The tumor could be positive for cytokeratin (CK) and carcinoembryonic antigen (CEA), even if available data are discordant in the description of the immunohistochemical characteristics of the neoplasm.
Given the rarity of EGCC, the challenges encountered in the diagnosis and the poor prognosis, we aimed to review the published literature on the condition. We have also reported a case of EGCC in a 64-year-old woman under regular follow-up and no signs of relapse of the disease, in order to contribute towards improvement of the clinical management of this tumor.

Case report

A 64-year-old nulliparous patient underwent routine gynecological examination at the Seriate Bolognini Hospital in March 2017.
The patient was asymptomatic and reported a noncontributory familial and personal history. The gynecological examination was normal, while a routine Pap smear demonstrated positive results for adenocarcinoma. Subsequently, the patient underwent colposcopy, which was negative for signs of cervical carcinoma. She also underwent hysteroscopy, which revealed a tender and frail endometrial neoplasm with heavy atypical vascularization. A biopsy of the lesion was obtained, which was positive for EGCC. The specimen was found to be CK20, CD10, CEA, WT1, P63, estrogen and progesterone receptor-negative, while it was positive for AE1/AE3, CK7, P53, and P16.
Preoperative radiological investigations included chest X-ray, which was normal and pelvic magnetic resonance imaging that revealed a solid tumor completely occupying the uterine cavity and invading more than 50% of the myometrium. No other signs of disease were revealed. Blood test was normal, with negative tumor markers.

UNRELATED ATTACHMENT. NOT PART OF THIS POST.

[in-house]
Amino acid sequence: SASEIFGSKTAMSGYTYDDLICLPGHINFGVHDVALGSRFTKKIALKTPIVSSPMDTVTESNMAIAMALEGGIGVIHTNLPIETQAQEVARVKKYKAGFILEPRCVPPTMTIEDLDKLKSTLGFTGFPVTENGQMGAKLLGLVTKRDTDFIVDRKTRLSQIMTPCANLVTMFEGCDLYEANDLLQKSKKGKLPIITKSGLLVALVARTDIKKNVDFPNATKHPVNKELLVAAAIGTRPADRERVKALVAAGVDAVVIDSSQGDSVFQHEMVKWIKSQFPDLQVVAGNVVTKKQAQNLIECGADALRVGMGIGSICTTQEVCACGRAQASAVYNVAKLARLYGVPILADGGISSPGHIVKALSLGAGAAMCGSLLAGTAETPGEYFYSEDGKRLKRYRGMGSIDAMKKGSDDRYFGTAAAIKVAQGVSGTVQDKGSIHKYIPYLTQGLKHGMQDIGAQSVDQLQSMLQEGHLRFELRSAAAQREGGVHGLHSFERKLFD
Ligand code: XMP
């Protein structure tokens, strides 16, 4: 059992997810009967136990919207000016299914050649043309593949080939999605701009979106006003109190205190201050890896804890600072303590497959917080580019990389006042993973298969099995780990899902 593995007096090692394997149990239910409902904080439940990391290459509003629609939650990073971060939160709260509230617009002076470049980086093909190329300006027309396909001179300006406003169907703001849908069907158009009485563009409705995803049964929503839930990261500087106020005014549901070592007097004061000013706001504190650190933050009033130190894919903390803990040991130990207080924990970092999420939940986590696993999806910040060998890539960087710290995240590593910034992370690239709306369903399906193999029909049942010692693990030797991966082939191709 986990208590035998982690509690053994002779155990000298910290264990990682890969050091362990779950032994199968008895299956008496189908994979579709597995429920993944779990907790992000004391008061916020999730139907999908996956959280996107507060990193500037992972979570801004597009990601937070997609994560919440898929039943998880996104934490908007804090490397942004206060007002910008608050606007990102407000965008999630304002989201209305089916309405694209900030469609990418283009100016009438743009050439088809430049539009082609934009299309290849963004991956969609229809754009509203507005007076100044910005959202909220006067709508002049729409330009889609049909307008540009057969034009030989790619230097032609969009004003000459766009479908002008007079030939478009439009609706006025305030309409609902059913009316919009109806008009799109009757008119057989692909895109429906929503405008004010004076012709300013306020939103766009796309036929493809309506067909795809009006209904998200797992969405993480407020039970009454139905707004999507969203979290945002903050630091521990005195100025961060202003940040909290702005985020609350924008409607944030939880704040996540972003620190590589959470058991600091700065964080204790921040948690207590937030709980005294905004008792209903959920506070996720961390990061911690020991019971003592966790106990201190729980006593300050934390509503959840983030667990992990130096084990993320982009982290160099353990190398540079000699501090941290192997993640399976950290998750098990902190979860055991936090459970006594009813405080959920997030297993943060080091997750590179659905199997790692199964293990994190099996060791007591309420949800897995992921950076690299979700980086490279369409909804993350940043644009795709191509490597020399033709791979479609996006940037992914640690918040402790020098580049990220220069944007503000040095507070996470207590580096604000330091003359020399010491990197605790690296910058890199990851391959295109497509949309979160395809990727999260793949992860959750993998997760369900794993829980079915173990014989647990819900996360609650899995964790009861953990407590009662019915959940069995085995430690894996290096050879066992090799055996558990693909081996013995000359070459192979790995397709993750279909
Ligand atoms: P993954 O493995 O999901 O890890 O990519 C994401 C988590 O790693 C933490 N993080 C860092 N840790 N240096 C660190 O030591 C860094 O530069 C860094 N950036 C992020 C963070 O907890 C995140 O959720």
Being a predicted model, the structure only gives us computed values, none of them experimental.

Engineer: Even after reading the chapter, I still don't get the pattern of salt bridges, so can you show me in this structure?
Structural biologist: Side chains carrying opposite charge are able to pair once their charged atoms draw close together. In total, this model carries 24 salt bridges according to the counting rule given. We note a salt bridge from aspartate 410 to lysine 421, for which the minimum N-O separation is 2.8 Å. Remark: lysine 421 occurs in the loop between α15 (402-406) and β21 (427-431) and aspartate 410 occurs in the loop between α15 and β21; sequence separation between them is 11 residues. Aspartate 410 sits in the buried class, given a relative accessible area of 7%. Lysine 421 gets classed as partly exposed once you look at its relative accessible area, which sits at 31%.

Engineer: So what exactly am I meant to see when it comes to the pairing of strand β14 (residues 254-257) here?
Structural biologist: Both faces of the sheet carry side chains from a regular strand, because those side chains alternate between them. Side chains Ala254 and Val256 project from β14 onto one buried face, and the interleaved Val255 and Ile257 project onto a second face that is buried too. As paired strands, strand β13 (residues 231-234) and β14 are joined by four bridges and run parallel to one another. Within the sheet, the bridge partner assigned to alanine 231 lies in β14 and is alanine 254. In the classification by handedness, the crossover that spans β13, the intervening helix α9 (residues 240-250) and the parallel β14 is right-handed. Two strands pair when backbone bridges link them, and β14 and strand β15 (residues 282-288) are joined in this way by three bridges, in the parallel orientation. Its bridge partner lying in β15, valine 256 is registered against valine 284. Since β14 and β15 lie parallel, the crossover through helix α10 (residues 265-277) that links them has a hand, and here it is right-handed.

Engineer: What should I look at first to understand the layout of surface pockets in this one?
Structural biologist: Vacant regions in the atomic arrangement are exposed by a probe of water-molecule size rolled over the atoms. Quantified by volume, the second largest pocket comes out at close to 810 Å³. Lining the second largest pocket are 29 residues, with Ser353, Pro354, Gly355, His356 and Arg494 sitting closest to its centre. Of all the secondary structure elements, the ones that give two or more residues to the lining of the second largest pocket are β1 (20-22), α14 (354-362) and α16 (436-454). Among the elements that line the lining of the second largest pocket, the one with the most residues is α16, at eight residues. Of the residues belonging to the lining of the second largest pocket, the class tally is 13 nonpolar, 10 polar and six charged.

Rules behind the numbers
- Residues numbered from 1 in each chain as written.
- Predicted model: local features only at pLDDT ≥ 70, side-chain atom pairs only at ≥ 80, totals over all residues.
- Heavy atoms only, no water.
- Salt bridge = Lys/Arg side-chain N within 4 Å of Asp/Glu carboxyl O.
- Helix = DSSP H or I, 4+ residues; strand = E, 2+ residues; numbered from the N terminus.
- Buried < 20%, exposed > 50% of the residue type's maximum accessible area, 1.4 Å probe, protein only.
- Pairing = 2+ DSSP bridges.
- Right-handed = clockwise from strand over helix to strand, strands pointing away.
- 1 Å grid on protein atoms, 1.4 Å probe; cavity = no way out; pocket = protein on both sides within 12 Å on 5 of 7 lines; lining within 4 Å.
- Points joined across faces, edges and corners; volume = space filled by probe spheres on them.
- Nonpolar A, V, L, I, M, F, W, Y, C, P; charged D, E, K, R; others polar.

The patient underwent laparotomy; at the opening of the abdominal wall, we detected heavy, dense parieto-omental and utero-sigmoid adhesions. Peritoneal washing was collected. Lysis of the adhesions was performed to achieve optimal surgical exposure. Macroscopically, the uterus and the adnexa appeared normal; endoperitoneal and retroperitoneal surgical evaluation were negative, with no signs of the tumor.
Total hysterectomy and bilateral salpingo-oophorectomy were performed with pelvic lymphadenectomy and peritoneal and omental biopsies.
Conclusive pathological examination confirmed the initial diagnosis of EGCC involving 2 mm of myometrium (on a total thickness of 12 mm), International Federation of Gynecology and Obstetrics stage IA, grade 3. There were no signs of lymphovascular space invasion or presence of the disease in the blind peritoneal biopsies and the 18 pelvic nodes excised at the time of surgery.